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Network Troubleshooting - A Complex Process Made Simple
From: "Gideon T. Rasmussen, CISSP, CISM, CFSO, SCSA" <lists () infostruct net>
Date: Mon, 22 Mar 2004 18:41:48 -0500

http://www.cyberguard.com/news_room/news_newsletter_032204network.cfm

Network Troubleshooting
A Complex Process Made Simple
Gideon T. Rasmussen - CISSP, CISM, CFSO, SCSA

The most efficient manner to troubleshoot a network issue is to approach it in a systematic way. Start by gathering background information; then troubleshoot following the Open System Interconnection (OSI) networking model.

GATHER BACKGROUND INFORMATION

It is critical to obtain a complete picture of the issue. Carefully consider how the problem manifests itself. For example, does it apply to inbound traffic, outbound traffic or both?

Try to determine when the issue started and consider how often the issue occurs. Is this a constant or intermittent problem? Is this issue reproducible? If so, how?

The cause may be an unforeseen side effect of maintenance. Has anyone made any changes to the firewall or the networking equipment that it connects to?

Perhaps this is a symptom of a larger issue. Has anything else strange happened recently?

If this is a new initiative involving a series of complex configurations, there may be a better solution. In that case, consider what the ultimate goal is and work from there.

TROUBLESHOOT UP THROUGH THE OSI MODEL

Now that you have a firm understanding of the issue, track down its source. Conduct network troubleshooting following the OSI model. Start with the physical layer and work up to the application layer. Network problems are usually associated with the first three layers. This section of the article provides troubleshooting tips for firewalls, networking gear and the systems that connect to them. Unless otherwise noted, commands apply to both Windows and UNIX/Linux.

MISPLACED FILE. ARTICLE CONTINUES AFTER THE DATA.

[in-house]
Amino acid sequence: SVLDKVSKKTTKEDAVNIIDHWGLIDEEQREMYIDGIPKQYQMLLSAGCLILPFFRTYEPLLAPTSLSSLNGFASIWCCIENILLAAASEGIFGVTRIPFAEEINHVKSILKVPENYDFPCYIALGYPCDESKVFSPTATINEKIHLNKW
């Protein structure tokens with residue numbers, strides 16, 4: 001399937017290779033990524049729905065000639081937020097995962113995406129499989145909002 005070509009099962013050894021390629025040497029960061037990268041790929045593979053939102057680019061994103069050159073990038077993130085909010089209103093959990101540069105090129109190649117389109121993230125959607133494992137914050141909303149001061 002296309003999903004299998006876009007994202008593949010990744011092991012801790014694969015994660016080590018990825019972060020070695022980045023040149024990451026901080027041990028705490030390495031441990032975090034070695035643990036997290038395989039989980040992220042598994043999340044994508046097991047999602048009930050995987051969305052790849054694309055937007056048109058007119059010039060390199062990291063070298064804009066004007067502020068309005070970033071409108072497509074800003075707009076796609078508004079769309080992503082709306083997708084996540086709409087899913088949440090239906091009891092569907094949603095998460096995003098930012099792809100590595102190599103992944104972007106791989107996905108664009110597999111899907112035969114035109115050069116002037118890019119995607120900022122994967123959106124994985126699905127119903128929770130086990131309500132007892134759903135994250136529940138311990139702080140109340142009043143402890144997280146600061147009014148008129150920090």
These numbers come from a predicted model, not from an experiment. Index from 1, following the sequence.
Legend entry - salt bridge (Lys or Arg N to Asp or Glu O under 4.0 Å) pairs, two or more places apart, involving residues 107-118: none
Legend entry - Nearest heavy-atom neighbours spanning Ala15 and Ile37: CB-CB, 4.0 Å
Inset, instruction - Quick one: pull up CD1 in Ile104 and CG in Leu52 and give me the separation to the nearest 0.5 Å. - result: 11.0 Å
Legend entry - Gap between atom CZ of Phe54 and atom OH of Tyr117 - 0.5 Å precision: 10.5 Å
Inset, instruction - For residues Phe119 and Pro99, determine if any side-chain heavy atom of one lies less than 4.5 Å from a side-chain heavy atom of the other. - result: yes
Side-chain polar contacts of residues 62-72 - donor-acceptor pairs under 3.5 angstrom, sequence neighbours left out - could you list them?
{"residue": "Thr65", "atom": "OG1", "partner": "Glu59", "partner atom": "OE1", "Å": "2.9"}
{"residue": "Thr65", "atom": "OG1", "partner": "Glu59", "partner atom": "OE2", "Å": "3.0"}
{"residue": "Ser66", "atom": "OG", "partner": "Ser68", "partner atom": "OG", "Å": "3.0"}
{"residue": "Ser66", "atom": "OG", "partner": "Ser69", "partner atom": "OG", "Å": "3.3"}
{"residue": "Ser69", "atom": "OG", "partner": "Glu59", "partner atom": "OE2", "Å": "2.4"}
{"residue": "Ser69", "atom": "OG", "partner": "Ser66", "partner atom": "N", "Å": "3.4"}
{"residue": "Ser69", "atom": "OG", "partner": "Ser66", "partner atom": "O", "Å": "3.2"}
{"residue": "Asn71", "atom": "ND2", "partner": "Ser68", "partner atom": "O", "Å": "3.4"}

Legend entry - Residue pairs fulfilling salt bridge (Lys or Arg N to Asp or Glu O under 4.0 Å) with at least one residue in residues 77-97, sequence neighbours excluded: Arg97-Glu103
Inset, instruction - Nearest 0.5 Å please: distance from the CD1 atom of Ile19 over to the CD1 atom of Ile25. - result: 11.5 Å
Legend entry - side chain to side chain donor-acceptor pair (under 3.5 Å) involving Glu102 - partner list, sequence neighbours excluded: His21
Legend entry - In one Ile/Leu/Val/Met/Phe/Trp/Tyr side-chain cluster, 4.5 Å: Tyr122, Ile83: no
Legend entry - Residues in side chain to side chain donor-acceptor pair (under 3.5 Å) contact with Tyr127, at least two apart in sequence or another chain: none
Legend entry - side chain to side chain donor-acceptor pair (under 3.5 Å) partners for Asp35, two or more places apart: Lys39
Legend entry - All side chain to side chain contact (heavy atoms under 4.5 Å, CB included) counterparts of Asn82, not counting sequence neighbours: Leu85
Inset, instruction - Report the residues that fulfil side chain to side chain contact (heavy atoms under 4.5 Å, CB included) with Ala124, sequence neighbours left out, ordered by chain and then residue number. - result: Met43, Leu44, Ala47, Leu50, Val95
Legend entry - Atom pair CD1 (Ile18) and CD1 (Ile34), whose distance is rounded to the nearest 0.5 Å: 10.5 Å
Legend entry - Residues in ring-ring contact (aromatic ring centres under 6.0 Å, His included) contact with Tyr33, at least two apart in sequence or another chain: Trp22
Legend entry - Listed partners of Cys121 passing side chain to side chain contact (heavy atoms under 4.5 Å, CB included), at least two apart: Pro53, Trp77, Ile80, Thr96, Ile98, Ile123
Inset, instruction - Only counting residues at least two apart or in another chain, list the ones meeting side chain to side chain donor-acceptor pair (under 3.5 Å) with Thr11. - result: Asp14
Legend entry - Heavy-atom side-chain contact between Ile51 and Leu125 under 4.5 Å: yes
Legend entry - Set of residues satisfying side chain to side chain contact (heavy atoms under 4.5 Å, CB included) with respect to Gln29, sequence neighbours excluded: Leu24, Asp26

Physical Layer

The physical layer is one of the easiest to troubleshoot. It is also frequently overlooked. If there is a network connectivity problem, consider the following:

1. Ensure the equipment at the distant end is powered on. Don’t laugh. It happens.

2. Examine the cabling. Check for defects or damage. If a cable has been cut or stretched, it may not pass traffic. Check the connectors too. The cable may not be properly inserted into the connector. If the connector is not crimped properly, the wiring may not be making contact with it.

3. Keep in mind that the maximum length of an Ethernet segment is 100 meters. If a cable is too long, there may be intermittent connectivity problems, or it may not work at all.

4. Ensure that each cable connector clicks as it is inserted into the network port.

5. Check the network port indicator lights on each system. If a link light is out, there is an issue with either the network card or cabling.

6. Ensure that the proper type of cabling is in use:

a. Cabling between computer systems and network devices use a “straight through” cable. To examine the wiring, look closely at the clear connectors at each end of the cable. A straight through cable has an identical wiring layout on both sides.

b. Direct cabling between computer systems requires a crossover cable. For example, if you connect a laptop directly to a server. A crossover cable has two wires flipped so the wiring on each side has a slightly different layout.

7. Finally, try swapping out the network cable with one that is known to be good or test it with different equipment.

8. If you suspect hardware issues with the network card, use a hardware diagnostic command to test it.

# getmib -l
dec3 DOWN 10 HD
dec2 DOWN 10 HD
dec1 DOWN 10 HD
dec0 UP 100 FD

In this example, we can see that the dec0 interface is up from a hardware perspective. The remaining interfaces are down. NOTE: The command used in this example is specific to CyberGuard firewalls.

9. Finally, check the operating system logs (i.e. syslog, osmlog, event viewer, etc.).

Data Link Layer

At the data link layer, local communications occur by network port hardware addresses, also referred to as Media Access Control (MAC) addresses. Failures at this layer are usually caused by an improperly configured network port or a physical problem.

1.a. If there are network connectivity issues, check the Address Resolution Protocol (ARP) table.

# arp -a
hostname (192.168.1.100) at 0:31:f8:3:b7:de

1.b. The IP address of at least one system should be listed. If there are no systems listed, there is a problem at the physical layer (above).